On Friday, January 15, 2016, the Department of Homeland Security (DHS) posted to the Federal Register the final rule revising regulations affecting highly skilled workers in the nonimmigrant classifications for specialty occupations from Chile, Singapore (H-1B1), and Australia (E-3), among other nonimmigrant and immigrant categories. The rule is effective February 16, 2016.
In this rule, DHS revises its regulations related to H-1B1 and E-3 nonimmigrant classifications in the following ways:
- H-1B1 and principal E-3 classifications will be included in the list of classes of foreign nationals authorized for employment incident to status with a specific employer. This amendment brings the regulations into line with existing policy allowing foreign nationals in H-1B1 and E-3 status to work for the sponsoring employer listed on the petition or visa without having to separately apply for employment authorization.
- Where an employer timely files an extension of stay request on behalf of a foreign national in H-1B1 or principal E-3 status, DHS authorizes employment for up to 240 days past the expiration date listed on the Arrival/Departure Record (I-94). This means that while an employer’s request for extension of stay remains pending, the employee can continue working. Similar to the regulations for H-1B, E-1, and E-2 nonimmigrant classifications, the employee no longer needs the approval notice to continue working past the expiration of the I-94 record so long as the request for extension of stay was filed before the expiration.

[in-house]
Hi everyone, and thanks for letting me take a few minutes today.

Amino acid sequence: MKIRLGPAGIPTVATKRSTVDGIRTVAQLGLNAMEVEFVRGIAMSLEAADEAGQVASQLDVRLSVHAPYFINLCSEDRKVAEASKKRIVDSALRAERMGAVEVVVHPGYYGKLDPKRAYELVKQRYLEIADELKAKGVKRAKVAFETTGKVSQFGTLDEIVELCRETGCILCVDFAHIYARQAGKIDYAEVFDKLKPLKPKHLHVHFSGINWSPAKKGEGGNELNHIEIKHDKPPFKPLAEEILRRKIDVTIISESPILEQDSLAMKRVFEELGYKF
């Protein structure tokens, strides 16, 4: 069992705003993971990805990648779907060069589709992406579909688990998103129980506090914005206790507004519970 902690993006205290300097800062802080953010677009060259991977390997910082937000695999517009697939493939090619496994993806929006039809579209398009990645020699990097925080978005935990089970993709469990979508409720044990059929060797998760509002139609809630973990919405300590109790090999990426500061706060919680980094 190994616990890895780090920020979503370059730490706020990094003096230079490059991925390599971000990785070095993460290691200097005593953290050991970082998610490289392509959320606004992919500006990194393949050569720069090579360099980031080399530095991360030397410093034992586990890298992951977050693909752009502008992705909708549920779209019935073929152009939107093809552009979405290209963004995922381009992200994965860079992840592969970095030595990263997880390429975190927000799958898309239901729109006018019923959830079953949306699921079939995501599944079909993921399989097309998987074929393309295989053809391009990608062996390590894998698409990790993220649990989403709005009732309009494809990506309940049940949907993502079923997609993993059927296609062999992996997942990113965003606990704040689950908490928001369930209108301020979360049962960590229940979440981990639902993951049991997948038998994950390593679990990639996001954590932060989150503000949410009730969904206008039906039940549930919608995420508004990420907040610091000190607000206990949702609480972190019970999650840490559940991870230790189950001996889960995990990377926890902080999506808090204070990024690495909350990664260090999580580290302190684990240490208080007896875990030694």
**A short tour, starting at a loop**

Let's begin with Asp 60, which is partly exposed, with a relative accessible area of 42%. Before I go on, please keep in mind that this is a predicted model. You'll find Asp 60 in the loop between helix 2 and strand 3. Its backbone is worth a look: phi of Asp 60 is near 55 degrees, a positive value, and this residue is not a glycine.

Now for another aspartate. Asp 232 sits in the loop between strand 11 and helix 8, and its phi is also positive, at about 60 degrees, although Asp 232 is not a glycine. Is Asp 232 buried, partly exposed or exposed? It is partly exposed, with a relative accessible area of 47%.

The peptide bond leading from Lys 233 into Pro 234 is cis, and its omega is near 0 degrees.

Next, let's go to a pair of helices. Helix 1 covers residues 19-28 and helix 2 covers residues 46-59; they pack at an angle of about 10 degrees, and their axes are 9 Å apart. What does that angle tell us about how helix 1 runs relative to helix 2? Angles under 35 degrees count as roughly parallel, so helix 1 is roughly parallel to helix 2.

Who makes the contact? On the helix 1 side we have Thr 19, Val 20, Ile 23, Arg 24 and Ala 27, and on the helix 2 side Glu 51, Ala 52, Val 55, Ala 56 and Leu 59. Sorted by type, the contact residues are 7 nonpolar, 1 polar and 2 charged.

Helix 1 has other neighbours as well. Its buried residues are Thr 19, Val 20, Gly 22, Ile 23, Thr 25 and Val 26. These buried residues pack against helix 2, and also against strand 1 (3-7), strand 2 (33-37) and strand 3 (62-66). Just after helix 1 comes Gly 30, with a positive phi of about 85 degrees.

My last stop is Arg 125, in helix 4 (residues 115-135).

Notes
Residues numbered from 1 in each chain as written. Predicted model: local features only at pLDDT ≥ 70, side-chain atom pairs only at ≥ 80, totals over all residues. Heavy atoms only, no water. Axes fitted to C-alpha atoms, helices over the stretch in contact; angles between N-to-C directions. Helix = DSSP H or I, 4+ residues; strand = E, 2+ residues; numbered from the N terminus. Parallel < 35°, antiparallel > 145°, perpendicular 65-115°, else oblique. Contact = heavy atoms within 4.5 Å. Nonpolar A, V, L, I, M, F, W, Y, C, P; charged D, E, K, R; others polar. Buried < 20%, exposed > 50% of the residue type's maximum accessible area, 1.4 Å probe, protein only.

- H-1B1 and principal E-3 nonimmigrants may extend or change their status while in the United States. This updated regulation conforms to the filing procedures currently listed on Form I-129, Petition for a Nonimmigrant Worker.
DHS’s updated regulations remove the unnecessary obstacles for qualifying H-1B1 and principal E-3 nonimmigrant workers to continue working in the United States. The amended regulations give H-1B1 and principal E-3 nonimmigrants the same treatment as other, similarly situated nonimmigrants, such as H-1B, E-1, and E-2 classifications. It also provides uniformity and predictability for US employers and their employees. This final rule seeks to avoid the loss of productivity by the employer and loss of wages by the foreign national employee.
DHS is amending the regulations to reflect what is already in effect by statute. Employers are able to file an extension of stay request up to 6 months in advance of an I-94 expiration. The new regulations will allow an employee to continue working past the expiration for up to 240 days in the face of unexpected processing delays where the extension of stay request is still pending. As such, the amended rule will minimize the loss of disruption to employment for US employers and their H-1B1 and E-3 nonimmigrant workers.